It’s been 78 years since a sneak attack on the U.S. Pacific Fleet’s base at Pearl Harbor brought the United States into World War II. A group of veterans, community members, city and county officials convened in front of the Lincoln County Courthouse on Saturday to honor those 2,403 men and women who lost their lives that day.

In 2011, a proclamation was issued by Mayor John Gilleland that the City of Lincolnton would forever observe Dec. 7 as Pearl Harbor Day, but area veterans had been gathering at the courthouse on Dec. 7 for years before the proclamation was issued. The ceremony was led by Linda Hoyle who has been preserving, for over a decade now, an ever-dwindling group of Lincoln County World War II veterans known as the Last Man’s Club. 

No World War II veterans were able to attend this year. Hoyle thought that there may have been some watching the ceremony from their cars, but given they’re all in their late 90s, standing outside in the cold is out of the question for them.

“My father and four uncles fought in the South Pacific,” said Lincoln County Commissioner Richard Permenter. “They all came home and went about their work, rarely talked about it and it wasn’t until I came home from Vietnam that they felt comfortable telling me about their experiences. The important thing is they came home, went back about their business, just as they did during the war. They were the greatest generation of all. Our American servicemen saved the world from incredible tyranny and brutality and made it free. As it stands now, the holiday season seems to begin before Halloween so as the dates get older and older, people remember Dec. 7 less and less. I’ll never forget it.”

Lincoln County commissioners Anita McCall and Milton Sigmon sang the National Anthem at the ceremony. As he has in the past, J. Cain Leonard shared memories of his late father, Corp. Joe Leonard, who was stationed at Schofield Barracks, which was also attacked during Pearl Harbor.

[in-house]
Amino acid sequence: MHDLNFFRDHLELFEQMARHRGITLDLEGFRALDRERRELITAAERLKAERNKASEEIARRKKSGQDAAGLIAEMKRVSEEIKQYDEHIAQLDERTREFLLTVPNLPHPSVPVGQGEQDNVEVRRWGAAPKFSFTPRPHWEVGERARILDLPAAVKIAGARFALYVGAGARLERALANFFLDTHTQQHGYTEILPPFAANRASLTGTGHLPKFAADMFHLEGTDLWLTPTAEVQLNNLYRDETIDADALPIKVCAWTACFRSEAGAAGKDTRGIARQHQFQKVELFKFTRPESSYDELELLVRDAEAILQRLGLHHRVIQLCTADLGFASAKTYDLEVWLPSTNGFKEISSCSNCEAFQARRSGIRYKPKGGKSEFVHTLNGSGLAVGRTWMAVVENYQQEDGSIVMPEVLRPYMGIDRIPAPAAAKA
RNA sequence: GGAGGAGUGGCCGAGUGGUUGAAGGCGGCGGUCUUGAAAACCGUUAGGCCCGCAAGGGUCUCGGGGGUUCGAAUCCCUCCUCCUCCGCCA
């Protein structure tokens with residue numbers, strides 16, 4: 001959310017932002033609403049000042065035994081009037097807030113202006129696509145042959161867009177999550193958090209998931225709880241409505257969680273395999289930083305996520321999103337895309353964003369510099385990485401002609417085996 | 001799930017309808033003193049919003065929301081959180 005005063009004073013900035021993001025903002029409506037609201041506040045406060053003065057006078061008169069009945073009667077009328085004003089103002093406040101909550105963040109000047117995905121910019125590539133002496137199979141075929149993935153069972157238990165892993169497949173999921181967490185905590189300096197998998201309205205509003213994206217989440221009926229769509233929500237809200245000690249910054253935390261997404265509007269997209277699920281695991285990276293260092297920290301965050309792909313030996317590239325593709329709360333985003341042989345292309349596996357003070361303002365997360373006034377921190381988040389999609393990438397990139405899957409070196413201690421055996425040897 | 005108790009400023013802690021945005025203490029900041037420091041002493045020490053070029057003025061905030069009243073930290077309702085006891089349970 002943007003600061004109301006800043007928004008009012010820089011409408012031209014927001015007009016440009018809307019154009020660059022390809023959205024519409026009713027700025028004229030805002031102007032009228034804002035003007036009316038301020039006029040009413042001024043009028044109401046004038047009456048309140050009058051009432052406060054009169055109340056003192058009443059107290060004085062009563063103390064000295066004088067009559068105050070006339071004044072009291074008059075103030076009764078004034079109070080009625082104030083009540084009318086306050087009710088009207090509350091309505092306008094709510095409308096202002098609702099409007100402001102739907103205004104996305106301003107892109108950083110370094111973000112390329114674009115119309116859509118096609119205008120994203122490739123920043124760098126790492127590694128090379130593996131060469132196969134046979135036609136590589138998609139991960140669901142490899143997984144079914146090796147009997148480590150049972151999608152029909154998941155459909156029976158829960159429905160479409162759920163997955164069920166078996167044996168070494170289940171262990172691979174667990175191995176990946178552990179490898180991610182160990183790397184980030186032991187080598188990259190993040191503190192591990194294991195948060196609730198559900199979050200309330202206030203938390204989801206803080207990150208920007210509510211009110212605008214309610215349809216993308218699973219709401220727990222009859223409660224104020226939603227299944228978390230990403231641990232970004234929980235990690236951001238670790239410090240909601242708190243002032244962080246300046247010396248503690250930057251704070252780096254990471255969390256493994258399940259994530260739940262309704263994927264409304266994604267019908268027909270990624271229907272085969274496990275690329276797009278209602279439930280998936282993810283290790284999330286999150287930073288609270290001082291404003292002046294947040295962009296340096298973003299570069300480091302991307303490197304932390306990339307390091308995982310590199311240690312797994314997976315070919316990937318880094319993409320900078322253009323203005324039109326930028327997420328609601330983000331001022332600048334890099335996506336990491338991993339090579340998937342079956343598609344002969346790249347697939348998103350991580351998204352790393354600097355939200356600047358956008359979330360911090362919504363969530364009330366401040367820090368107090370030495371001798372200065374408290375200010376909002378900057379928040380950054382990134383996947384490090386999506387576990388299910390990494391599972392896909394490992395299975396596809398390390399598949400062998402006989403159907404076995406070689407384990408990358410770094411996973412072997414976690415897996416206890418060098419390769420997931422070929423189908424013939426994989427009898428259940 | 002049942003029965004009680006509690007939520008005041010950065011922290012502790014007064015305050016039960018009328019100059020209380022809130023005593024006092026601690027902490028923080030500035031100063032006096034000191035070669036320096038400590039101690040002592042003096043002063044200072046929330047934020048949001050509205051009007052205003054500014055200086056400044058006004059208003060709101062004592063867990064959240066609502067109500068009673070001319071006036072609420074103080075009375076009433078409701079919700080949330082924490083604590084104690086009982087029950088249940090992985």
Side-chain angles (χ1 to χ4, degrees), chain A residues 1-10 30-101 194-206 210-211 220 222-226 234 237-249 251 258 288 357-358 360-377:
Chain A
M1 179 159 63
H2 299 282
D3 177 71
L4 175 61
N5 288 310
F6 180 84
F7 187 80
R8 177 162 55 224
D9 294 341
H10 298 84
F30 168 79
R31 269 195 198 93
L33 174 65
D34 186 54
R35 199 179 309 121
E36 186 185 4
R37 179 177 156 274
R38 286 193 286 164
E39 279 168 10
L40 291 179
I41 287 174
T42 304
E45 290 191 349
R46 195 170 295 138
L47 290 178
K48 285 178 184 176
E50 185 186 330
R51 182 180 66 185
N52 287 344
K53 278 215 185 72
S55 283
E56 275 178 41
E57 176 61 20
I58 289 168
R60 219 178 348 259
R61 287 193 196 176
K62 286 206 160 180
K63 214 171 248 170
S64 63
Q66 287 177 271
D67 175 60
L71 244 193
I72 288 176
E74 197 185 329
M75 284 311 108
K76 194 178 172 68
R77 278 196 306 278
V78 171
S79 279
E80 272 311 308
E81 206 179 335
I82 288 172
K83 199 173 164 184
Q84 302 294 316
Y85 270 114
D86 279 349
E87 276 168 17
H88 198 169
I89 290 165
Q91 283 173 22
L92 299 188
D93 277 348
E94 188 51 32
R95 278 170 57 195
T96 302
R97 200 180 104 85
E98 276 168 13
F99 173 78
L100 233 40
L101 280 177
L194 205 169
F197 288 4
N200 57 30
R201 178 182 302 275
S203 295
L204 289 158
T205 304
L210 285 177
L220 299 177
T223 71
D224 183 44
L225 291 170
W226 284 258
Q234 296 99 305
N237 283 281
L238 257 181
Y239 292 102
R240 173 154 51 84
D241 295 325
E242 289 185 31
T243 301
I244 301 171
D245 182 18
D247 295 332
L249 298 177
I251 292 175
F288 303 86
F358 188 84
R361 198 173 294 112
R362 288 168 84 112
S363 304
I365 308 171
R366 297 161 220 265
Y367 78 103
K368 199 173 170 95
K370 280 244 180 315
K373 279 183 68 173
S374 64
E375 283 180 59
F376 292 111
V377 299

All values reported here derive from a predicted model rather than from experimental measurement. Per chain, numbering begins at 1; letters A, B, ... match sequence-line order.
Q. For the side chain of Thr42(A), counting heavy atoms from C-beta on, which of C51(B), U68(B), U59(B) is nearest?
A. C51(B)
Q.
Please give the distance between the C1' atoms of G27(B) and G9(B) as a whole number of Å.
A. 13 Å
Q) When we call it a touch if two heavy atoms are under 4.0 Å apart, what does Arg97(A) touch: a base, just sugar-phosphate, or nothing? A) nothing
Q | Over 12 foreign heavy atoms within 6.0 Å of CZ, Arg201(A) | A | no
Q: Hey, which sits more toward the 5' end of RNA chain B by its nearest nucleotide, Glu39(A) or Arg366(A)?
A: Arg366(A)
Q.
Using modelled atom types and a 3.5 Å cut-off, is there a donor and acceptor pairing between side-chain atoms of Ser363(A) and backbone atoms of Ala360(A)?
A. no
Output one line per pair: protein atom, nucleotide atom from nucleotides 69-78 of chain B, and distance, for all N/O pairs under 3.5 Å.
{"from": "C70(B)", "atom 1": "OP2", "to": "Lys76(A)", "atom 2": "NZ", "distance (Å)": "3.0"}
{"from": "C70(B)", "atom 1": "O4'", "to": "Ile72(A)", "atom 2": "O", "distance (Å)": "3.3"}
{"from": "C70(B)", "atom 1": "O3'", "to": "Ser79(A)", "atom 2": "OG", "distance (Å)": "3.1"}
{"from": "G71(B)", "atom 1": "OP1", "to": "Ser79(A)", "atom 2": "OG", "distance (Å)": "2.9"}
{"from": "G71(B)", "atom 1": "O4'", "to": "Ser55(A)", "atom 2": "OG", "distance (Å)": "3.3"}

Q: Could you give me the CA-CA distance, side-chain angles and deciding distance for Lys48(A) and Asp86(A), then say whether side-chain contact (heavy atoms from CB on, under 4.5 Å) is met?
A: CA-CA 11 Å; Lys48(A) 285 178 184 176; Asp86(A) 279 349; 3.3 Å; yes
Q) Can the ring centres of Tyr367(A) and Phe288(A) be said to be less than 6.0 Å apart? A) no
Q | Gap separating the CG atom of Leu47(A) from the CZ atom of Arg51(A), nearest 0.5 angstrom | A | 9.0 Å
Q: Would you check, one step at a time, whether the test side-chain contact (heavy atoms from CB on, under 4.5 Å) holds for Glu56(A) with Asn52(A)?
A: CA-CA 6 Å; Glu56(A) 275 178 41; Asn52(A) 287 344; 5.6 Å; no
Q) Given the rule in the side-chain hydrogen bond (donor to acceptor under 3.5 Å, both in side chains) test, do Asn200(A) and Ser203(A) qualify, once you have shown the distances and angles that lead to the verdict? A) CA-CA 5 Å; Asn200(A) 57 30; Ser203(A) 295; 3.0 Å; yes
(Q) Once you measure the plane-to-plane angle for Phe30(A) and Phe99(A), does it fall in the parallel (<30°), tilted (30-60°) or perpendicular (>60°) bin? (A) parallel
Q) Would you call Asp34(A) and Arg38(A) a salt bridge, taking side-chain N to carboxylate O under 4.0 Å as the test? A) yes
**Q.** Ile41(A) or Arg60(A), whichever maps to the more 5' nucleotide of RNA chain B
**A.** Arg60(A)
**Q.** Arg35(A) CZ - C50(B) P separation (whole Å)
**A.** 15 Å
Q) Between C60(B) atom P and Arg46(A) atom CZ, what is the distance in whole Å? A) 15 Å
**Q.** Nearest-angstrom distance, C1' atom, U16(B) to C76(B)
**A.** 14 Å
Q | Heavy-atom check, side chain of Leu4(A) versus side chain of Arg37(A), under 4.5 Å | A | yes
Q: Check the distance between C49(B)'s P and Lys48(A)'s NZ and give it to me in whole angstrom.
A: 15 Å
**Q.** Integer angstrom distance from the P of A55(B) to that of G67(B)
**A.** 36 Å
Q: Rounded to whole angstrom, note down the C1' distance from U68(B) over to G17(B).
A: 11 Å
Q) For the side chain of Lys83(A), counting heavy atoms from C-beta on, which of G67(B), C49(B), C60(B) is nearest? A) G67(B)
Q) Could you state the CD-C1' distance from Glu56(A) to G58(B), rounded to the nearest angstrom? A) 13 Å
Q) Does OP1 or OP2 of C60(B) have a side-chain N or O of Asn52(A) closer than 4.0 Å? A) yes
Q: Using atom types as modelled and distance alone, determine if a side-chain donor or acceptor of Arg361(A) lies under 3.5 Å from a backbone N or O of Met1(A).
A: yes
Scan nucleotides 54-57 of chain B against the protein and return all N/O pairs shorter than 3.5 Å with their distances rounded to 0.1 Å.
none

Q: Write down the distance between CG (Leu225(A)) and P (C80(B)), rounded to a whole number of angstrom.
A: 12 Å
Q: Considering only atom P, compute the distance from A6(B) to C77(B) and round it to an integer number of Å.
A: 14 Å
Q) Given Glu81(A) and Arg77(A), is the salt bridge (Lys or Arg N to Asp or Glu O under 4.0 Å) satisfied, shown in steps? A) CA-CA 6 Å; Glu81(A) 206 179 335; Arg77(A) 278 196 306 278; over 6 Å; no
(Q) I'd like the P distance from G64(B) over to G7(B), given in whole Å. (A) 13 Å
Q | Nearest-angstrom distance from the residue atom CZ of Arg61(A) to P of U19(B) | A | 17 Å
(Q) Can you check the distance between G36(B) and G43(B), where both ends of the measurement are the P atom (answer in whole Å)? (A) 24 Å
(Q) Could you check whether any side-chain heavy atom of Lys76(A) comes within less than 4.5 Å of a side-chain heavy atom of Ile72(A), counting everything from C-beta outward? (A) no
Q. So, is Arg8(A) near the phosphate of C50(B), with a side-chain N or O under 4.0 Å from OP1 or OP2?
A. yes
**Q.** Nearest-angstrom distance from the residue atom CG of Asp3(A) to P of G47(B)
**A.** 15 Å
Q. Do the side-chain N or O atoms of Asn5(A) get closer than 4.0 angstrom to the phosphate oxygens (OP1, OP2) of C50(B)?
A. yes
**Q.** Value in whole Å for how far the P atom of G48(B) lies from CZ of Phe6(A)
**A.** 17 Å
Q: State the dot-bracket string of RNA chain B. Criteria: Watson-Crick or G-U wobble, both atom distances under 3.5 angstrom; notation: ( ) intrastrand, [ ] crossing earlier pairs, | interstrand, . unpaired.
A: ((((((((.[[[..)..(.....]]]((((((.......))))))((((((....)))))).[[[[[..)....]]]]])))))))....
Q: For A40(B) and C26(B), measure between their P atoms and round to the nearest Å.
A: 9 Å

“I never served in the military,” he said. “I’m what you call a beneficiary of those that did. It’s been 12 years since my father passed and I only get choked up during this Pearl Harbor ceremony. There’s something that deeply connects me to the military, even though I never served. Especially World War II and we’re losing a lot of those men and women every day. It’s called the greatest generation, but I think my father might disagree with that. I think he’d say that any person that has worn the uniform and put themselves in harm’s way is a member of the greatest generation.”

Prior to World War II, Leonard’s father was in the 34th U.S. Combat Engineers, later renamed the 1431st and did construction. He told his son that Pearl Harbor was a good place to be, at least it was until the bombing. Leonard remembers him telling the story of the attack. There was a group of people from the combat engineers who were up on a roof doing repairs. The squadrons of “Zeros” (Mitsubishi A6M Zero, a type of plan the Japanese used during WWII) came in behind the island over the mountain range.

“The servicemen were waving to them,” he said. “They thought they were ours. Of course, the Zeros started peeling off and strafing them and that didn’t last long. My father was stationed at Schofield Barracks and the first bullet of World War II was shot in my father’s barracks and it hit above the urinal. Luckily, he wasn’t there at the time, he was on detached assignment at a place called Fort DeRussy where had a pretty good view of the attack, unfortunately.”

Leonard’s father was stationed years later to help repair the damage done during the attack.

After the three-volley salute fired by members of the Disabled American Veterans of Lincoln County Chapter 53, Leonard played “Taps.”

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